As the health care sector grows, its environmental impact will likely grow with it. Health care is now a huge and expanding sector of the U.S. economy, with nearly $1 out of every $5 spent on health care.


Why does so much pollution emanate from the health care sector?

Some of the problem is the facilities themselves. Hospitals are energy-intensive buildings, open and operational 24 hours a day, 365 days a year. That requires constant lighting, heating and cooling, and electricity for high-tech diagnostic and treatment equipment. Housekeeping and sterilization professionals use potentially harmful chemicals to keep patient-care areas and equipment clean and safe. Laundry services keep linens and towels clean but use huge amounts of water, detergent, and heat.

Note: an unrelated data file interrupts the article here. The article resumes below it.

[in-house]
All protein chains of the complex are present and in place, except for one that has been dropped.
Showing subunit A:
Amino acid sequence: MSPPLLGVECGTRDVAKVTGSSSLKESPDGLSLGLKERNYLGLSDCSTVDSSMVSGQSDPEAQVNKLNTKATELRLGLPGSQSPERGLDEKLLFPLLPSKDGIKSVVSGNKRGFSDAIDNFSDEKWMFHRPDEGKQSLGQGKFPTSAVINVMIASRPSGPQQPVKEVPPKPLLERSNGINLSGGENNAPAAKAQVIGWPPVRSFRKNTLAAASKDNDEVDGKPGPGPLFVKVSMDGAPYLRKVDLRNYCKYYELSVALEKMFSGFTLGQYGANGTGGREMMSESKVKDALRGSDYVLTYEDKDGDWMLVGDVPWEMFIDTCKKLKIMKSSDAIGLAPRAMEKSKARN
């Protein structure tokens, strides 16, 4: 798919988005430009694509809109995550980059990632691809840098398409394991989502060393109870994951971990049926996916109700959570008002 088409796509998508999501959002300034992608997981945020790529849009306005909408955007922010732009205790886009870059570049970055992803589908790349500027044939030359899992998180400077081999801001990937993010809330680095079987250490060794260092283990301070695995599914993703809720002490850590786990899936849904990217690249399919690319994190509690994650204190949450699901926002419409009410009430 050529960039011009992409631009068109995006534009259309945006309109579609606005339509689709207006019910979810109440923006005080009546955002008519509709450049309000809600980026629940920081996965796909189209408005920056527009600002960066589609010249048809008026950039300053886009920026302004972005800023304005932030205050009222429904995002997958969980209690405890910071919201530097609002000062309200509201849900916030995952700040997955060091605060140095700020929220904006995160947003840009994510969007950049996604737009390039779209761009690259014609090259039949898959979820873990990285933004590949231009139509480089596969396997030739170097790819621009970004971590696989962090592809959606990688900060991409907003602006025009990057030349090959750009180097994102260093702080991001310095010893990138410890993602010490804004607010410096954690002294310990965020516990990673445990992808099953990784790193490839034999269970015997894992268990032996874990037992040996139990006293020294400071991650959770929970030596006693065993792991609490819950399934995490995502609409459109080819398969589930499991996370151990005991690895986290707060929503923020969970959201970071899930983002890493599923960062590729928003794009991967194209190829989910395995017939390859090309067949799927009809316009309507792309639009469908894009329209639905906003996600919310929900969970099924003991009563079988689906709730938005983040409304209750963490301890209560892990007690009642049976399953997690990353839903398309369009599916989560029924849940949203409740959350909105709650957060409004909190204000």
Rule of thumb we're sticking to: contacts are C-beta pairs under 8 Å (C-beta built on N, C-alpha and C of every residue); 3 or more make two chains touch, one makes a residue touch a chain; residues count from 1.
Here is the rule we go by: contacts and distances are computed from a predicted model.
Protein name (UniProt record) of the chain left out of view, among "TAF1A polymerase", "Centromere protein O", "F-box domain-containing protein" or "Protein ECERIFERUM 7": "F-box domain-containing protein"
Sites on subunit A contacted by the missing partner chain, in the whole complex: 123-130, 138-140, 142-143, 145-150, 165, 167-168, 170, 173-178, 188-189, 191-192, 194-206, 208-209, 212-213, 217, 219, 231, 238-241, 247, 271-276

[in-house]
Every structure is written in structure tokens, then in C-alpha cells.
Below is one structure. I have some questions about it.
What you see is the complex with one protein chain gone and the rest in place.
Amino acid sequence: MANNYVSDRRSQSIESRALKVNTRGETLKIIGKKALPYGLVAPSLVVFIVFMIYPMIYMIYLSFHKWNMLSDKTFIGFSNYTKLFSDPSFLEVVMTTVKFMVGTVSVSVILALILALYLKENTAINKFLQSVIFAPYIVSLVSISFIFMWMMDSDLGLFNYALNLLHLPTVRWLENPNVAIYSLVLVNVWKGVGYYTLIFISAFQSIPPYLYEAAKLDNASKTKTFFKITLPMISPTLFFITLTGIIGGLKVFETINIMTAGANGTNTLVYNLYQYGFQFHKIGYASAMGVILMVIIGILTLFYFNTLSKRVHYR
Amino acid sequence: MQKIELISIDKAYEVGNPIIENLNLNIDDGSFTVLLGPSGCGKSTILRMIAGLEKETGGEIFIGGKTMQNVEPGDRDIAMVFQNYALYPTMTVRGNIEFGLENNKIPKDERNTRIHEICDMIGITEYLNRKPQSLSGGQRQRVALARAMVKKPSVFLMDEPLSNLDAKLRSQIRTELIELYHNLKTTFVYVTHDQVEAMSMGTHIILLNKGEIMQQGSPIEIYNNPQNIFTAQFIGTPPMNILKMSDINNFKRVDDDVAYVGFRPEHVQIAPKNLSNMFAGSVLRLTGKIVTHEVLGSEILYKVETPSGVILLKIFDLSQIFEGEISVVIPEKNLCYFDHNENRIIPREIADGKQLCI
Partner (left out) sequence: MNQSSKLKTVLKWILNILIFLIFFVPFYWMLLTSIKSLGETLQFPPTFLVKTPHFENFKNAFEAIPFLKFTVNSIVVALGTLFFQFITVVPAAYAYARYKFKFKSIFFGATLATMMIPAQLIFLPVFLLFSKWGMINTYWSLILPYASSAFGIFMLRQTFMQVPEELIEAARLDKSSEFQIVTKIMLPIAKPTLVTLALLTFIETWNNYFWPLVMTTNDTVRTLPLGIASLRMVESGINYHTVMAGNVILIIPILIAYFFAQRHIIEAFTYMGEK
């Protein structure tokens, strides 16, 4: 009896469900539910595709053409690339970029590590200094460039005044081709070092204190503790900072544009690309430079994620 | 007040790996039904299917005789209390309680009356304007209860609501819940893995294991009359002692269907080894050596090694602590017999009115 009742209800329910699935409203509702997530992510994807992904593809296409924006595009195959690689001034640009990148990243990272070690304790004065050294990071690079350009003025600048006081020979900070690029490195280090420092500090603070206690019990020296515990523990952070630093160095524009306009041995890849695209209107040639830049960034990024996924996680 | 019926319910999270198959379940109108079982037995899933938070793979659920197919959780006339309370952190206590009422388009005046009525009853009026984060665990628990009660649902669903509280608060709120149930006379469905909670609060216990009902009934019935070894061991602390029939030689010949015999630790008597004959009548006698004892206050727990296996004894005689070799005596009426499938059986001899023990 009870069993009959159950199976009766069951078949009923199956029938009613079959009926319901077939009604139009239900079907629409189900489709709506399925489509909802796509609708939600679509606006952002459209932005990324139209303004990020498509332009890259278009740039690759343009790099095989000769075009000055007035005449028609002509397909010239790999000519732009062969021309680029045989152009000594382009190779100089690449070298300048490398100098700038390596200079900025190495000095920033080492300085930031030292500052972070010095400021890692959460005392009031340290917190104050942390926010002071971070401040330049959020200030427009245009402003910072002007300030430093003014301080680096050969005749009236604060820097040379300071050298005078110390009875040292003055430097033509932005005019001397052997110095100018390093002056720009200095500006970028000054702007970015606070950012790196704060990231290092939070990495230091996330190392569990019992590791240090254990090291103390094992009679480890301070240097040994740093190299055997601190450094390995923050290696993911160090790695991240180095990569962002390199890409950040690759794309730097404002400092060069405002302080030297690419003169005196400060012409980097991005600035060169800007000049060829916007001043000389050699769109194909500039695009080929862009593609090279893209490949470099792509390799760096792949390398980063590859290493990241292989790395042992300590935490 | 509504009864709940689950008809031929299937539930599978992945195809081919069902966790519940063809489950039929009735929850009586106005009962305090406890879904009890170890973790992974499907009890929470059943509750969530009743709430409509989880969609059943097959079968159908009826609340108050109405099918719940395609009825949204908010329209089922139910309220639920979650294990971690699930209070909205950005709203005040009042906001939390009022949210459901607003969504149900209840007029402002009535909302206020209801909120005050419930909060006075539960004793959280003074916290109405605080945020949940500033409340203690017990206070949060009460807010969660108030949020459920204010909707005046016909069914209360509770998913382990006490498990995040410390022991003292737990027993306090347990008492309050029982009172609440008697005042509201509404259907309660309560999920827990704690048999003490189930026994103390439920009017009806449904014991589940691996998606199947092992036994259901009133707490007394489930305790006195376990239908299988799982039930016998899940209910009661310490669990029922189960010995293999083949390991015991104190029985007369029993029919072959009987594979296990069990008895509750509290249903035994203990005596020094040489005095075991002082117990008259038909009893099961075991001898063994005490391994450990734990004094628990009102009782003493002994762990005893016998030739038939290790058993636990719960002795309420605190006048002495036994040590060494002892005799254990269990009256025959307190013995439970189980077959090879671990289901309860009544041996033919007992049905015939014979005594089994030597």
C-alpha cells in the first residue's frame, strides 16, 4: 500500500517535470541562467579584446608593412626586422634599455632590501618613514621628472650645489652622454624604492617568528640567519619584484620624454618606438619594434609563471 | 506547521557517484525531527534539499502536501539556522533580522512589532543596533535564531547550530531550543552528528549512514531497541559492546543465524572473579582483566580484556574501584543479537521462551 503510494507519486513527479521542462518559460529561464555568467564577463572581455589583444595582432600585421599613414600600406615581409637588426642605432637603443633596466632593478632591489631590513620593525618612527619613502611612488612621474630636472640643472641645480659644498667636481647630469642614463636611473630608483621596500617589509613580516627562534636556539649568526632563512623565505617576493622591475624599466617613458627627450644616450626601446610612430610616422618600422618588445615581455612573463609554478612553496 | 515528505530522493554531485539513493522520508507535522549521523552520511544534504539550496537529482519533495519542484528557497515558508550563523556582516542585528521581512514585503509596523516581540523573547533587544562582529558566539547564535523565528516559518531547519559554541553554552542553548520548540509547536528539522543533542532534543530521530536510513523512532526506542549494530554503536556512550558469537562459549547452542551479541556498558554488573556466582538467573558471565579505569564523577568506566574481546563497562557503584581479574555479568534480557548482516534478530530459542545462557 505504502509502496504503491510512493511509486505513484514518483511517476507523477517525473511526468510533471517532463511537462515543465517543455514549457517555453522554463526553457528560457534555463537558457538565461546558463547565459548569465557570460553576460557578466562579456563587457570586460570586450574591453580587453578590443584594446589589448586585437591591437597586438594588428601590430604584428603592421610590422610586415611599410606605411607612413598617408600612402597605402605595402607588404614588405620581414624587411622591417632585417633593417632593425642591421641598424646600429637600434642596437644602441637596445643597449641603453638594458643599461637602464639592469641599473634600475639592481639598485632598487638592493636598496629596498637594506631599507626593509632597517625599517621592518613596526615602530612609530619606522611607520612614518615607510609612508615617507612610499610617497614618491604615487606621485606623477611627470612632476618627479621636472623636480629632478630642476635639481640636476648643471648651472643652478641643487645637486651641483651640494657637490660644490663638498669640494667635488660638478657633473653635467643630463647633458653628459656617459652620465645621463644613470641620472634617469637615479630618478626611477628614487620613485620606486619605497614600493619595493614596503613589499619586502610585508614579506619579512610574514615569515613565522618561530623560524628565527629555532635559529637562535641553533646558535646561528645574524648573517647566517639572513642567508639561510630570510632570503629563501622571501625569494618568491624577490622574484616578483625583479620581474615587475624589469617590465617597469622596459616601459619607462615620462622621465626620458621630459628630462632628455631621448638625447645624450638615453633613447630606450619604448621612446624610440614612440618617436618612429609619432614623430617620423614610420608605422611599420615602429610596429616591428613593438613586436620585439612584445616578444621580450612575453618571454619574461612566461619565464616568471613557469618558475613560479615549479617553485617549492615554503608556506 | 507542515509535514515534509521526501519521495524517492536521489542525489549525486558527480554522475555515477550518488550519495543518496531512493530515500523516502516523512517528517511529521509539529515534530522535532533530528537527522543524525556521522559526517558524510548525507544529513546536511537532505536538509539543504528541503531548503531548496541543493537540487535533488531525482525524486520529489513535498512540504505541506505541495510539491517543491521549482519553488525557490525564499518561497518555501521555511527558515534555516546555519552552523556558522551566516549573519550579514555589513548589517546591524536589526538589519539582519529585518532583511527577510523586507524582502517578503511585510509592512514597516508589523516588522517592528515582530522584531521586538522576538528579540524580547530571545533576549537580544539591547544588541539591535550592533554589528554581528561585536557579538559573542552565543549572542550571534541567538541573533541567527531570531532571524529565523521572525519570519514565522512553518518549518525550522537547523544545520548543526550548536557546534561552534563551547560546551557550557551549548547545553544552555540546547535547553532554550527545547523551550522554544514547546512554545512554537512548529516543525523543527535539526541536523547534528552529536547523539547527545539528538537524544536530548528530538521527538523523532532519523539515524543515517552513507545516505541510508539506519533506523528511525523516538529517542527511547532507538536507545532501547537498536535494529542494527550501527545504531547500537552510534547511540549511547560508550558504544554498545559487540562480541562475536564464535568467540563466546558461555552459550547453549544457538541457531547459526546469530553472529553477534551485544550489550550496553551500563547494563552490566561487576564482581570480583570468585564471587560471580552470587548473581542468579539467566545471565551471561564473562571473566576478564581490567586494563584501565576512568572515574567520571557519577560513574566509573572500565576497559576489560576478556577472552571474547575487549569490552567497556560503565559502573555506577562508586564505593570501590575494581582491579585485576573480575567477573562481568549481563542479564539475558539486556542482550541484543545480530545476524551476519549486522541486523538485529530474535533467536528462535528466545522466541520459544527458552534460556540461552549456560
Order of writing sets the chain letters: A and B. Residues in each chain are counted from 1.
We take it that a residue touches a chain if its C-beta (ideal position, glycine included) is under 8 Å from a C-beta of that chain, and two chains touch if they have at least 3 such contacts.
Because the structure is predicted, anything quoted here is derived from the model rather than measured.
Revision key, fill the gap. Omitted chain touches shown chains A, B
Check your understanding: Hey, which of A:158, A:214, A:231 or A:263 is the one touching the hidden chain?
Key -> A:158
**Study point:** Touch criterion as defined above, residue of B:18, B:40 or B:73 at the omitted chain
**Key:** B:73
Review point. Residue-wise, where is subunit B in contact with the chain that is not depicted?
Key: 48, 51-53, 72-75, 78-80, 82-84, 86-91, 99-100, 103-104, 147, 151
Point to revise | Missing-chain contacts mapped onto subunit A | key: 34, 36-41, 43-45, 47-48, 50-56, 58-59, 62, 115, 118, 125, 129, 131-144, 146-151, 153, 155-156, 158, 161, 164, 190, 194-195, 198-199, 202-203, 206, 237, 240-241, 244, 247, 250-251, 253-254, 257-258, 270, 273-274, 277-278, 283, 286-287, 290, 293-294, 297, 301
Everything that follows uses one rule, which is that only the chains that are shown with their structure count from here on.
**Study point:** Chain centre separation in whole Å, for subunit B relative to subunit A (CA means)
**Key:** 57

Everything a hospital uses must be shipped to it, leading to emissions from trucks, trains, ships, and planes. Staff members, patients, and family members drive to hospitals or take public transportation, further adding to air pollution.

Hospitals and health care facilities use large quantities of materials, much of which ends up as waste. The average U.S. hospital generates 29 pounds of waste per bed every day. For my hospital, that’s more than 50,000 pounds of solid waste, a combination of municipal, hazardous, biohazardous, pharmaceutical, and radioactive waste. For comparison, the average American generates 4.4 pounds of waste per day.

And don’t forget about the food. Every day, the hospital I work in uses more than 100,000 pounds of food to produce nearly 30,000 meals. That requires approximately 35 million Btu of energy to cook and generates around 29,000 pounds of food waste.

The single largest factor driving health care pollution is clinical care. Every diagnostic and therapeutic choice that physicians and patients make affects nearly every category of environmental impact — waste generation, chemical use, water consumption, energy use, and, indirectly, building construction.